Sometimes I talk to people who aren’t romance writers or readers. Crazy, I know. I forget they don’t have the same lexicon we do. They’re not in our club and don’t speak our language. I vaguely remember how, when I first began reading historicals, I puzzled over what the ton was or why Beau Brummell was so important. I was vaguely confused at mentions of Tattersalls, and I couldn’t have told you the difference between a marquess and a viscount if my life depended on it.
Almost twelve books later, and I chat about countesses, privateers, and Prinny without a second thought.
Until someone who does not read romance asks me about my books.
I was at a birthday party for a friend’s toddler recently, and another mom asked me about my September book, When You Give a Duke a Diamond. I started to tell her about it, and she said, “What’s a courtesan?”
Okay, I went off on a tangent to explain who and what courtesans were and then I was back to the story and my hero, the sixth Duke of Pelham.
“So dukes are part of the royal family?” she asked.
No. Well, sometimes, yes. Okay, another tangent.
“And why are the prostitutes—”
“Whoa, now! They’re courtesans! Big difference!”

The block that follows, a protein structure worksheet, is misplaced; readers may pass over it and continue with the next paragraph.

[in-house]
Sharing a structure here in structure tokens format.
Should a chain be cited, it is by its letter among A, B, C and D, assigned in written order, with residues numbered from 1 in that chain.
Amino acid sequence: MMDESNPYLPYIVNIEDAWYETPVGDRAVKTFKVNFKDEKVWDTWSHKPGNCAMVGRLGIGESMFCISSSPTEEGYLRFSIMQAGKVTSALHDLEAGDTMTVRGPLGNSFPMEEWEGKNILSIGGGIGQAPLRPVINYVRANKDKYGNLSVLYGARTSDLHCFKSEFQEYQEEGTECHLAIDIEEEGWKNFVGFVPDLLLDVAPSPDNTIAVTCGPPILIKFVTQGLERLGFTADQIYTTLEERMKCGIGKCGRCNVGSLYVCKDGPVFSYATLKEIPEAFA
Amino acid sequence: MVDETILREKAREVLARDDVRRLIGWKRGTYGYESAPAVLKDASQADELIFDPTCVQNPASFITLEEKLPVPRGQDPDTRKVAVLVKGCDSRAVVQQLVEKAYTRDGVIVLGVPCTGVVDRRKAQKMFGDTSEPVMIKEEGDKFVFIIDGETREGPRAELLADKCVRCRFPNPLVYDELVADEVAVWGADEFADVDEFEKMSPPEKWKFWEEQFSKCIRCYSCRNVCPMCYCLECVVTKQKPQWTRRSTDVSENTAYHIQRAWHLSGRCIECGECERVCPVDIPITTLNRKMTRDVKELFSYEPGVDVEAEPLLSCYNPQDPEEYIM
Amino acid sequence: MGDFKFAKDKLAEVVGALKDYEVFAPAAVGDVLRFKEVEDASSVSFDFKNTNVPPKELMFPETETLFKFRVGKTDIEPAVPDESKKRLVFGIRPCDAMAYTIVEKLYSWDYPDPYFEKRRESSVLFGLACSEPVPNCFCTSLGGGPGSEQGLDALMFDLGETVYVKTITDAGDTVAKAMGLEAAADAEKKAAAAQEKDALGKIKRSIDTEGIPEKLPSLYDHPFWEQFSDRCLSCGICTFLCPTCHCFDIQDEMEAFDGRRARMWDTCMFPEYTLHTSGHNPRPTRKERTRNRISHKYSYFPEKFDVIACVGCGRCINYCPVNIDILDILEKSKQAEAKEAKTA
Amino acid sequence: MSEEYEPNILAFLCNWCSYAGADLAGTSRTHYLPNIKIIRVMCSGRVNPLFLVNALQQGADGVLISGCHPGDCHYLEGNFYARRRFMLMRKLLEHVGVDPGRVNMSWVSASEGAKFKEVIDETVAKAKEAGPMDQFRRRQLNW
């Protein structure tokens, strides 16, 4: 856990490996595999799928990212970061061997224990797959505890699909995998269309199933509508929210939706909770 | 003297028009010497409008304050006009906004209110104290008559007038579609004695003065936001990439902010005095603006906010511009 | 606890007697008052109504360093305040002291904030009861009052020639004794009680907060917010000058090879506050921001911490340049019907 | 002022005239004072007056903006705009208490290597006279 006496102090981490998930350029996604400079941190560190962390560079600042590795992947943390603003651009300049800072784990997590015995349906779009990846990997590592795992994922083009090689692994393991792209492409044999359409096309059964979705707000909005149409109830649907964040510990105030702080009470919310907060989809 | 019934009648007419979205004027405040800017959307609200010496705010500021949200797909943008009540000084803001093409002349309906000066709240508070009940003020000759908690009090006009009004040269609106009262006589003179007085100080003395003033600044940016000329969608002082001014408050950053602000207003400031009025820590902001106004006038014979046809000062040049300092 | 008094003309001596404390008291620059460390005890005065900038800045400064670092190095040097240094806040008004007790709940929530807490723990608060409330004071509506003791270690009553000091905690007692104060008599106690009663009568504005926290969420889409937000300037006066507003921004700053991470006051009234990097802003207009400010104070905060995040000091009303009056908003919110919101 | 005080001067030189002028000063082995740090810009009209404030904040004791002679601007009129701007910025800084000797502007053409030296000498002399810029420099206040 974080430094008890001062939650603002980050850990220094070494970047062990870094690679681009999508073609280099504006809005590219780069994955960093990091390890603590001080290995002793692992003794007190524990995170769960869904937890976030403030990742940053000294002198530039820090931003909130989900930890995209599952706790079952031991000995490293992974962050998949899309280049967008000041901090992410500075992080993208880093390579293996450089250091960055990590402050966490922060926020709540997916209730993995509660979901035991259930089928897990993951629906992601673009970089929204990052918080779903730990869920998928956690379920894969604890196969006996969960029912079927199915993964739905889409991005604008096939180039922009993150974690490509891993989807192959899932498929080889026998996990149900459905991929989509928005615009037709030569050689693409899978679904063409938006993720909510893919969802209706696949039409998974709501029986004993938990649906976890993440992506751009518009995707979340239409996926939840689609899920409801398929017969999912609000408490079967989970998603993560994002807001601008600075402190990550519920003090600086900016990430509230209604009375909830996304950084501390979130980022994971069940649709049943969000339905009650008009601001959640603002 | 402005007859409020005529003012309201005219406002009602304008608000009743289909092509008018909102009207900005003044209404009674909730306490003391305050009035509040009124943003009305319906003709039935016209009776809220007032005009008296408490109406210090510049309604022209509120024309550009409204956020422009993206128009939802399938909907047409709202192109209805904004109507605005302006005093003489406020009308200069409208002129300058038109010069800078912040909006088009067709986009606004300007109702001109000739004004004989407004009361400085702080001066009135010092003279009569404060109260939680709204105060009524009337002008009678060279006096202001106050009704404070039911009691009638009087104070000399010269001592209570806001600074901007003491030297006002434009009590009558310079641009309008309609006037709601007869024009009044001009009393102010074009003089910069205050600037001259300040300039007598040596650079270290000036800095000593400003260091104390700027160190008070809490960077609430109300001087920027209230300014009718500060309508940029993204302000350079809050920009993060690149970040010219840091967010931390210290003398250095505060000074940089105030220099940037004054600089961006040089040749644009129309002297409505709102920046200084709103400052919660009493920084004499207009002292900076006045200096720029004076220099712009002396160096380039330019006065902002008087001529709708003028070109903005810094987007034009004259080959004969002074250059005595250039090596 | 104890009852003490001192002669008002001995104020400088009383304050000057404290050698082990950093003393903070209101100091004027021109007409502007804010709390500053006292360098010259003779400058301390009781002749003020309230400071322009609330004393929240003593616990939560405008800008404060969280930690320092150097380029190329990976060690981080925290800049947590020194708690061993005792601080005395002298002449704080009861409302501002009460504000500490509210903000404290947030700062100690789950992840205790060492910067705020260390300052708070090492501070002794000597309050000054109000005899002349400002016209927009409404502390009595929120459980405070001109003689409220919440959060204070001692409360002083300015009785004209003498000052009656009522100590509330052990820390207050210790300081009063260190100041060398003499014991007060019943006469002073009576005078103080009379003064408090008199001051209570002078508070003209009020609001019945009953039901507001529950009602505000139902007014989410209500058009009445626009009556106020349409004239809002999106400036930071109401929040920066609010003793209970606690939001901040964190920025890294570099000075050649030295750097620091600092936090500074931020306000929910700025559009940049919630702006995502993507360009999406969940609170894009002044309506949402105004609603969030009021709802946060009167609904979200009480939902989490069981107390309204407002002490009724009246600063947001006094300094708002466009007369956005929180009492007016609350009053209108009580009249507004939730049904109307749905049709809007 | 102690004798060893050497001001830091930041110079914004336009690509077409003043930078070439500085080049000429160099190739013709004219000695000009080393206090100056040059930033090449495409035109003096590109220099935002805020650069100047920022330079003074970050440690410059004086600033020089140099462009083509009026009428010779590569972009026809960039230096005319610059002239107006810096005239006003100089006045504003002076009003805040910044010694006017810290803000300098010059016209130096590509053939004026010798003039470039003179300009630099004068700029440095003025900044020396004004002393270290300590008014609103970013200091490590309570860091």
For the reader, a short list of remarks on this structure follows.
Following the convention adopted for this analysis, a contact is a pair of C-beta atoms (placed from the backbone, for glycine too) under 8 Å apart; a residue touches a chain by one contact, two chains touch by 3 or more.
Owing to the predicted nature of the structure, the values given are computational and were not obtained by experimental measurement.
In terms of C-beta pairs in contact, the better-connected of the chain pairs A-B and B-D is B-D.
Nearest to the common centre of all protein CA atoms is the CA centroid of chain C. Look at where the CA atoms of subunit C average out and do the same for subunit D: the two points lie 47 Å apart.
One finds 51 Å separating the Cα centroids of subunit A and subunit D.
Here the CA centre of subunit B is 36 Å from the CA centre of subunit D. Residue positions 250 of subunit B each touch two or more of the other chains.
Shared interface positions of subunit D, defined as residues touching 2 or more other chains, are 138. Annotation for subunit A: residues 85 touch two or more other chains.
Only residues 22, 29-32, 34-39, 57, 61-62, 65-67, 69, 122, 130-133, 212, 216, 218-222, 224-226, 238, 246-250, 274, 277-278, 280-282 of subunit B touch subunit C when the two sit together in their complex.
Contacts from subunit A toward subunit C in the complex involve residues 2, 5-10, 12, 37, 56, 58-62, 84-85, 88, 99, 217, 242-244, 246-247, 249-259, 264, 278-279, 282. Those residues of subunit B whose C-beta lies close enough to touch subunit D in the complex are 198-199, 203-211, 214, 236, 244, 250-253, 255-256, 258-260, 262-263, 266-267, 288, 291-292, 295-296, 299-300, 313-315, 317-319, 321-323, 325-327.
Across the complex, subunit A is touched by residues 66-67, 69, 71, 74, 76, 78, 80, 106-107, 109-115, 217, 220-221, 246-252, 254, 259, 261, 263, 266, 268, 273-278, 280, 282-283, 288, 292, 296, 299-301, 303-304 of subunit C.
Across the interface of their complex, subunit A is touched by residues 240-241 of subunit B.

She narrowed her eyes. “Why are the courtesans called The Three Diamonds?”
I started to explain about Regency cant and the phrase diamond of the first water, but by then the party was over. I think I succeeded in confusing her more than convincing her my book was a fun read.
And then a few days later, I was running with a friend in boot camp, and she asked about the title of my next book, which releases in March. I told her it was If You Give a Rake a Ruby. “Why would you give a rake a ruby?” she wanted to know.
“No, not that kind of rake. A rake in Regency England was a womanizer or a roguish sort of man.”
“There’s that word again. Wasn’t your last book something about a rogue? What’s a rogue?”
“The Rogue Pirate’s Bride…”
“So it’s like Pirates of the Caribbean?”
“No, because my book deals with Barbary pirates and anyway, my hero is a privateer, not a pirate.”
“Uh-huh. Right.” And she sped up. Yep. Another reader running out to buy my books.
What confused you when you first started reading romance? Do you ever find yourself trying to explain the romance lexicon to your non-romance reading friends or husbands? One person who comments will receive a copy of The Rogue Pirate’s Bride.